Professor Krishnaraj Rajalingam (photo: Stefan F. Sämmer) HEISENBERG PROFESSORSHIP

What happens in cells

In the person of Krishnaraj Rajalingam, the Research Center for Immunotherapy of Johannes Gutenberg University Mainz (JGU) has been very lucky to acquire one of the world's foremost cell biologists. The newly appointed Heisenberg Professor focuses on the molecular signal pathways that regulate a wide variety of different processes within cells. He investigates not only the causes of cell growth and cell differentiation but also the pathogenesis of tumors and cancer and thus supplies concepts for new treatment approaches.

PD Dr. Detlef Becker treats patients with neurodermatitis at the Department of Dermatology of the Mainz University Medical Center using the innovative approach of photodynamic therapy. (photo: Peter Pulkowski) NEURODERMATITIS

Blue light therapy can allay inflammation

There is hope for people suffering from neurodermatitis: PD Dr. Detlef Becker, senior physician at the Department of Dermatology at the Mainz University Medical Center, has achieved fantastic results with photodynamic therapy, a treatment with blue light. But it is expensive and the statutory health insurance does not cover it. A new clinical study shall provide reliable data on the efficacy of the method.

(fltr) Dr. Alejandro F. Schinder and Prof. Dr. Benedikt Berninger (photo: Peter Pulkowski)BESSEL RESEARCH AWARD 

New neurons for the brain

Dr. Alejandro F. Schinder of the Instituto Leloir in Buenos Aires has received a Friedrich Wilhelm Bessel Research Award granted by the Humboldt Foundation for fundamental research that has provided important insight into how new nerve cells are incorporated in the adult brain. The presentation of the award has set in motion a joint international project and Professor Benedikt Berninger of the Research Center Translational Neurosciences at the Mainz University Medical Center intends to cooperate closely with his Argentinian colleague over the next years.

Professor Mita Banerjee of the American Studies division speaks about the new 'Life Sciences, Life Writing' research training group at Mainz University. (photo: Peter Pulkowski)RESEARCH TRAINING GROUP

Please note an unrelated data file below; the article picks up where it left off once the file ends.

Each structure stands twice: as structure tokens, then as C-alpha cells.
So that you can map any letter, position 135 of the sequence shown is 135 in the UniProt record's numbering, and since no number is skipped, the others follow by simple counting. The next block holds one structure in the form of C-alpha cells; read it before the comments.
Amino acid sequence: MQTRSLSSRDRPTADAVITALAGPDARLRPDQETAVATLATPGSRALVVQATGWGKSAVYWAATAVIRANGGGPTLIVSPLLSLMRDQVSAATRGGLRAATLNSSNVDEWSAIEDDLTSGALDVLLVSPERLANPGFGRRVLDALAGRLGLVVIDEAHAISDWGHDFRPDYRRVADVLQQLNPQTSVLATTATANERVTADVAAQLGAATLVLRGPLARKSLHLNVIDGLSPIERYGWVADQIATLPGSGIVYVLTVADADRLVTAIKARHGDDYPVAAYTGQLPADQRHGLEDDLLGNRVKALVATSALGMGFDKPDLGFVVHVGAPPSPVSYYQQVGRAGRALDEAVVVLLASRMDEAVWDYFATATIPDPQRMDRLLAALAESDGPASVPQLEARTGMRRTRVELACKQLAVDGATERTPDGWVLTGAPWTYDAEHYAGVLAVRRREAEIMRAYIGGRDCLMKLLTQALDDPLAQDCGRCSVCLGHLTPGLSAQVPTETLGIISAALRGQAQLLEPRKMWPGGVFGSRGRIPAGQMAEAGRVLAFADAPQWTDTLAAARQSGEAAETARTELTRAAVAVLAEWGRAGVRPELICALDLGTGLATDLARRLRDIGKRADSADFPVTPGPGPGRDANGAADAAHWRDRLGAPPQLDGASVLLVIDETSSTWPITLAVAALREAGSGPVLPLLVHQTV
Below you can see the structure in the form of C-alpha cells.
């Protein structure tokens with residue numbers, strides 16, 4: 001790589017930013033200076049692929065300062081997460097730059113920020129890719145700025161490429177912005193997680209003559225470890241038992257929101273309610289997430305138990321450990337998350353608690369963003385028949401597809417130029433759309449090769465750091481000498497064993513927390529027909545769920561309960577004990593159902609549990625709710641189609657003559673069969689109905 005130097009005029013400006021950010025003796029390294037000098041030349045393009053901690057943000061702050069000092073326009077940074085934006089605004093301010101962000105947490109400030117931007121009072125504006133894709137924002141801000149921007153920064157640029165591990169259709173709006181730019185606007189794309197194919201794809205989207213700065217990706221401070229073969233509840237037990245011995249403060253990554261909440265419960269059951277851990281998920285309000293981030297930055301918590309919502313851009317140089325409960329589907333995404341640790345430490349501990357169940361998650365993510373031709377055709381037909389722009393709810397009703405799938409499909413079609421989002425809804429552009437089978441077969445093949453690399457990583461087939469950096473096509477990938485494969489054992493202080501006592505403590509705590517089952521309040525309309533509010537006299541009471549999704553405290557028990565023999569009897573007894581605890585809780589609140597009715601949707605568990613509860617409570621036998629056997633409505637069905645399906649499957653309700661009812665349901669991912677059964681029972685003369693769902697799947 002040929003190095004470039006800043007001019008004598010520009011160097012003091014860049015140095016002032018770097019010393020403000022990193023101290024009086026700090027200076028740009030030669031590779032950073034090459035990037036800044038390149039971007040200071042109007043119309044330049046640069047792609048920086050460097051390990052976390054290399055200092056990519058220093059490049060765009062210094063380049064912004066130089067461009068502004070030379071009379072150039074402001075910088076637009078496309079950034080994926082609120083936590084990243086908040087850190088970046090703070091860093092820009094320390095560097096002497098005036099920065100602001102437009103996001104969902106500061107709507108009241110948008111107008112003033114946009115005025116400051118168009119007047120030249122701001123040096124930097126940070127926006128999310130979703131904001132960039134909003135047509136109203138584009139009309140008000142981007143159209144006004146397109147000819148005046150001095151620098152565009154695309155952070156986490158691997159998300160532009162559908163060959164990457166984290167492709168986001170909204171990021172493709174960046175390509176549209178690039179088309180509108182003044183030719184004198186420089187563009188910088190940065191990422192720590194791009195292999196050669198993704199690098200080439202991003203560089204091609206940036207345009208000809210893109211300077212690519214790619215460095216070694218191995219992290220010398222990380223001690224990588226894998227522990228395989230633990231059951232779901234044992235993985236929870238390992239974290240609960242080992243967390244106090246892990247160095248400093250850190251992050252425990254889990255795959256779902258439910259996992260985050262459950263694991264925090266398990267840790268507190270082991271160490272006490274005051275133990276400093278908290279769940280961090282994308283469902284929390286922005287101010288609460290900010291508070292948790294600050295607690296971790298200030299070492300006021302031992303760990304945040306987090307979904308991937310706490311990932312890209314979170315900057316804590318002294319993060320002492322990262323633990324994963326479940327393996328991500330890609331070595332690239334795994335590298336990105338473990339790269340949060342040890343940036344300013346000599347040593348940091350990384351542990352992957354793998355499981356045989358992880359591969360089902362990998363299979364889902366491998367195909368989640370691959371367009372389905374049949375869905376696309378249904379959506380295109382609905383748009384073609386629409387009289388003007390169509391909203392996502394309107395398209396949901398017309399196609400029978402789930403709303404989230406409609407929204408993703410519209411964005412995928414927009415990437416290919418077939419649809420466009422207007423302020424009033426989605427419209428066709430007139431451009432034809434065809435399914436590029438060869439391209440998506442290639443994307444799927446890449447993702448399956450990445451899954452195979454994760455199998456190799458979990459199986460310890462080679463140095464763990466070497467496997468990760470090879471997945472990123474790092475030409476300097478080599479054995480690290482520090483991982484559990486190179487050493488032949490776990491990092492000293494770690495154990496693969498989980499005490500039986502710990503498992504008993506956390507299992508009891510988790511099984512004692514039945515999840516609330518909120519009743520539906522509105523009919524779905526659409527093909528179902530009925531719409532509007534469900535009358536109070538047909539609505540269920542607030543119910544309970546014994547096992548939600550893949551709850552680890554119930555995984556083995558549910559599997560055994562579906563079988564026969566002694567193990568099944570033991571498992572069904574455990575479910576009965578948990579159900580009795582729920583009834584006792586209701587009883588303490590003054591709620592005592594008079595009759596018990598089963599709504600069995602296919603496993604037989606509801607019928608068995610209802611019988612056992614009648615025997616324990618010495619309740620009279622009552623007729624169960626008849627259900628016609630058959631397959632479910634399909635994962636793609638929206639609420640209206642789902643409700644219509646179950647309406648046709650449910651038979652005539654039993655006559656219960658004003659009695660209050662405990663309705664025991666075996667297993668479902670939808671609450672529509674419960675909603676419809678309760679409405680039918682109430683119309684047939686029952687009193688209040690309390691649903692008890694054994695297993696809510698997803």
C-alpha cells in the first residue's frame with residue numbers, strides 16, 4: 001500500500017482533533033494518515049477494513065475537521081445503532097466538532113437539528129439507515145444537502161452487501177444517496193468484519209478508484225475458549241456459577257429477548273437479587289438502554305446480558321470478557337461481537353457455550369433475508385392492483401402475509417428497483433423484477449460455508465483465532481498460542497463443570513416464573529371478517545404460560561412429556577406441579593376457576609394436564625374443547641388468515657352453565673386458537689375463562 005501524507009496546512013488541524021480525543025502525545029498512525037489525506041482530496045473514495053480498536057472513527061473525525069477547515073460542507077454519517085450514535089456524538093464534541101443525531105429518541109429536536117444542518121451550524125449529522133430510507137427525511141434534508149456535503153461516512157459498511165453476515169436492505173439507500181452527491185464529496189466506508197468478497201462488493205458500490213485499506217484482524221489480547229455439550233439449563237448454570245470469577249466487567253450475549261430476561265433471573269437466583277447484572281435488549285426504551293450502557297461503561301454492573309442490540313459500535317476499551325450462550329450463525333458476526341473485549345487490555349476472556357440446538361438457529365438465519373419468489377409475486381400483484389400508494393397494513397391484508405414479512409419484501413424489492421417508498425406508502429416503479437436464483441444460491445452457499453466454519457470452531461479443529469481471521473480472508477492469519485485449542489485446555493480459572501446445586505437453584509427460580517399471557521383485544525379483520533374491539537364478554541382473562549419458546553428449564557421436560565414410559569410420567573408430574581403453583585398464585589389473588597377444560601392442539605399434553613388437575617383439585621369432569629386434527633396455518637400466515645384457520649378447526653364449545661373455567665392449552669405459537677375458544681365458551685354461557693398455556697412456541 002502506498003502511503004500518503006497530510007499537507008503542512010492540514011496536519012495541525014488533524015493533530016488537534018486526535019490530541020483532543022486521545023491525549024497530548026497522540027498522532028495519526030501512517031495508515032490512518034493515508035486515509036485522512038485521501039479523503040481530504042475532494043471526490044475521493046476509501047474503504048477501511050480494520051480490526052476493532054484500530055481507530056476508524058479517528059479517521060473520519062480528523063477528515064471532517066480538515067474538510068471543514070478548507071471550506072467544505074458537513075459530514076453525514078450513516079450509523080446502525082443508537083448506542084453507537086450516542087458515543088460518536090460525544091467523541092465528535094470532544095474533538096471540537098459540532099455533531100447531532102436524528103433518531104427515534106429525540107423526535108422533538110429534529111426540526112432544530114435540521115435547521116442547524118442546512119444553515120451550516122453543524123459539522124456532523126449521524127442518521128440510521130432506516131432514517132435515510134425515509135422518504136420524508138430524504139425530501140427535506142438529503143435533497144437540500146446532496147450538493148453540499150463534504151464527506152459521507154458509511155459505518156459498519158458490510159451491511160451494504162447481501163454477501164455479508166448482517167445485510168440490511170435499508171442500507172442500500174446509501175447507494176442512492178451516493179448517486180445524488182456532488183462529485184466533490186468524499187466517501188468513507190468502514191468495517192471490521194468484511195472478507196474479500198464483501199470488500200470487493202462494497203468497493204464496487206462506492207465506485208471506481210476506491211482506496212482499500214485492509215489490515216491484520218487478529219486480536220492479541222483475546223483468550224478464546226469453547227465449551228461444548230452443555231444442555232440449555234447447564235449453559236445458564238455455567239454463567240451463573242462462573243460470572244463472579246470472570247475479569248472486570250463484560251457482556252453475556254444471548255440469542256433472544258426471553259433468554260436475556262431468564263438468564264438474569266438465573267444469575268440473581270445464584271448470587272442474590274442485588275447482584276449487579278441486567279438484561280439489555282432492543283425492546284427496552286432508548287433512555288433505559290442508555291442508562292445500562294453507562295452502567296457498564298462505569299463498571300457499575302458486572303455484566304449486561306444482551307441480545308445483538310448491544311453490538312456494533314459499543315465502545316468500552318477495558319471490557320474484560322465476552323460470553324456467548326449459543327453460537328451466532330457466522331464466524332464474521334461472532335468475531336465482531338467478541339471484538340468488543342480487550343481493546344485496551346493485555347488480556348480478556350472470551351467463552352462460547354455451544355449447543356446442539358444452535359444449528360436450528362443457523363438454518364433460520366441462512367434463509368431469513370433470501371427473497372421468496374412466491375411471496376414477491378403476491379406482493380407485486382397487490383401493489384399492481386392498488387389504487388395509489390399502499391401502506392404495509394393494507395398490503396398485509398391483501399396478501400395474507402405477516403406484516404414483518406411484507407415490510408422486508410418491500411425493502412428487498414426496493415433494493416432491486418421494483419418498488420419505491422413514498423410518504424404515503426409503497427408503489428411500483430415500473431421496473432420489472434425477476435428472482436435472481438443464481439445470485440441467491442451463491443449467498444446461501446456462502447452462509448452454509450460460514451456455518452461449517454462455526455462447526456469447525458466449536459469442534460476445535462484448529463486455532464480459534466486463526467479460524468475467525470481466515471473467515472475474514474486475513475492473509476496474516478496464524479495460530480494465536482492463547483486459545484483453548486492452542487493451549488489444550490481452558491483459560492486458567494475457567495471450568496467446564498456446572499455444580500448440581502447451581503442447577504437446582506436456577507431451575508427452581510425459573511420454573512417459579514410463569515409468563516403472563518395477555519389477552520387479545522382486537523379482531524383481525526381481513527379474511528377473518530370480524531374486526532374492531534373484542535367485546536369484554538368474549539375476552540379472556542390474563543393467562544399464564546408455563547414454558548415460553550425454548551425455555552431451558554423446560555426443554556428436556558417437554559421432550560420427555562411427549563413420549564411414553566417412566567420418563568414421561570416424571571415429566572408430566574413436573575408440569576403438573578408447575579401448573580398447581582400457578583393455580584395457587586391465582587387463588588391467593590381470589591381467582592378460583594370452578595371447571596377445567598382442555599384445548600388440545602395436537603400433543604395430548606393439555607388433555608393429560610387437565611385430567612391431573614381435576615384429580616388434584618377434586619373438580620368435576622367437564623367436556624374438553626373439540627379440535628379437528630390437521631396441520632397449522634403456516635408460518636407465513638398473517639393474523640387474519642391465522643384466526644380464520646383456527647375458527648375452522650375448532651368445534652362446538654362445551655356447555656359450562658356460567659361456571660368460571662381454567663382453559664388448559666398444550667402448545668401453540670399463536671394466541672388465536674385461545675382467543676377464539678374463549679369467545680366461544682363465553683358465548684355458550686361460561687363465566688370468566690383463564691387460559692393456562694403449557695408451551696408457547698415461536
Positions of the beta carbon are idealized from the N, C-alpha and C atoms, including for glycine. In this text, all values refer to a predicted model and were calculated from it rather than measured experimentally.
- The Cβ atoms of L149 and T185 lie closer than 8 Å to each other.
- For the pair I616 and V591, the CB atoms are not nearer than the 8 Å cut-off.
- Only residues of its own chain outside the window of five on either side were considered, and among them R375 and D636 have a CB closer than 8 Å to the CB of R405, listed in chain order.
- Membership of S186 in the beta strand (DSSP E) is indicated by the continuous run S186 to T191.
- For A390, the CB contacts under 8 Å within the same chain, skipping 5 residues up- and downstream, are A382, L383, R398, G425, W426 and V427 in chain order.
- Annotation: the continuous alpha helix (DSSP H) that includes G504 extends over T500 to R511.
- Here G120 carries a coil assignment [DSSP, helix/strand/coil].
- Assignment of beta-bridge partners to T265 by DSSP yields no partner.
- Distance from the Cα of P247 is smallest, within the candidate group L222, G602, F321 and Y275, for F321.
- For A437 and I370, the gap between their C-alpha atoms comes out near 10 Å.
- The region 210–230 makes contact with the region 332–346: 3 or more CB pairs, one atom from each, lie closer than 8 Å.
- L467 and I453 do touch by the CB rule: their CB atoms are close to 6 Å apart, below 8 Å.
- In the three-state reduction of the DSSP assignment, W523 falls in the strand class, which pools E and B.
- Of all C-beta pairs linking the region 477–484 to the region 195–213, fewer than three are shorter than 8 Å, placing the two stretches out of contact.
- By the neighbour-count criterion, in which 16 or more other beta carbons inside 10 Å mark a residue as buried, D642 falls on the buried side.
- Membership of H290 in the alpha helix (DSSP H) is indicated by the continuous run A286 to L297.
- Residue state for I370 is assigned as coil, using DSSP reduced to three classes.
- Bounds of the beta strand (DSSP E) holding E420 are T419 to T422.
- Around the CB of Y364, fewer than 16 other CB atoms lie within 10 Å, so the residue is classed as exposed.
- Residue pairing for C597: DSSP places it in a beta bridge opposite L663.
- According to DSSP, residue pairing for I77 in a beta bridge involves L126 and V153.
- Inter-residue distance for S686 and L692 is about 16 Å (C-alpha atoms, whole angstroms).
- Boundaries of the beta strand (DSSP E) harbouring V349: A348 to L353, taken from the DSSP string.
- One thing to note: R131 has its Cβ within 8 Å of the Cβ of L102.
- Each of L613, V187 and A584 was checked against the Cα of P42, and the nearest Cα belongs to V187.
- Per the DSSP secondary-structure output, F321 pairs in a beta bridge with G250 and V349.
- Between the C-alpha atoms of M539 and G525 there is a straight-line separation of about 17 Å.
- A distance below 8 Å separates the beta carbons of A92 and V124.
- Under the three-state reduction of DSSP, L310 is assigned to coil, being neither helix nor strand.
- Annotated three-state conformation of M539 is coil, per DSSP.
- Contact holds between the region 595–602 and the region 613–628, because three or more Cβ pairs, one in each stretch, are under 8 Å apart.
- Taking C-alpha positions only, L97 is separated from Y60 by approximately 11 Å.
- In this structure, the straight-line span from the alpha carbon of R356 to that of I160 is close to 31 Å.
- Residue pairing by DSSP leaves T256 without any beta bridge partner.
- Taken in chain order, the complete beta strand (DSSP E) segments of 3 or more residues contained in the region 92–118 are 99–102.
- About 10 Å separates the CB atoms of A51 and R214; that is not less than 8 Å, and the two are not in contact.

Overcoming barriers in order to scrutinize limits

The new research training group 'Life Sciences, Life Writing: Extreme Experiences of Human Life between Biomedical Explanations and Life Experiences" attempts to bridge the gap between the natural-medical sciences and the humanities. The German Research Foundation is providing almost EUR 2 million to support this unusual project at Johannes Gutenberg University Mainz (JGU).

Medical-historical injection equipment (photo: Dagmar Loch)MEDICAL HISTORY COLLECTION

When the life awakener was used to fight arthritis

There is a small but fine collection of various historical medical objects in the library of the Institute of History, Philosophy, and Ethics of Medicine of the Mainz University Medical Center. Professor Norbert W. Paul knows his way around here. The Director of the Institute tells some of the stories that lie behind the exhibits.

(photo: Frank Erdnüß)SPONGES

On the trail of an ancient survivor

Sponges have a lot to relate: And Mainz molecular biologist Professor Dr. Werner E. G. Müller has been showing the world exactly what they have to tell us over the past few decades. In an interview he talks about this long underestimated organism, its significance to research, and its potential to help people in so many different ways.

(photo: Thomas Hartmann)NEW BUILDING

A new home for excellent research

The Institute of Molecular Biology (IMB) is a new center for life sciences on the campus of Johannes Gutenberg University Mainz (JGU). The Boehringer Ingelheim Foundation is providing EUR 100 million over 10 years in support for running the project, while the state of Rhineland-Palatinate is financing the institute's construction and building. In a special tour given for the JGU MAGAZINE, Dr. Bernhard Korn, Director of Scientific Core Facilities and Technology, highlights the work completed to date.

(photo: Stefan F. Sämmer)DOPING IN MASS SPORTS

Drugs testing is only a band-aid

Professor Dr. Dr. Perikles Simon has caused a stir with his method for detecting gene doping: He and his colleagues have succeeded in doing what was previously thought impossible. When it comes to headlines, this kind of research is exactly what the media love. However, in an interview, the head of the Sports Medicine, Prevention and Rehabilitation division at Johannes Gutenberg University Mainz (JGU) tends to take a rather different view.

(photo: Stefan F. Sämmer)DIAGNOSTICS

Evaluating cirrhosis 'live' and accurately at the cellular level

Detlef Schuppan and his colleagues are developing a revolutionary method that will make it possible to evaluate the progress of fibrosis and cirrhosis at the cellular level and to even view the effects. For this work, the physician and chemist has been awarded the most highly endowed research grant of the European Union, the ERC Advanced Grant.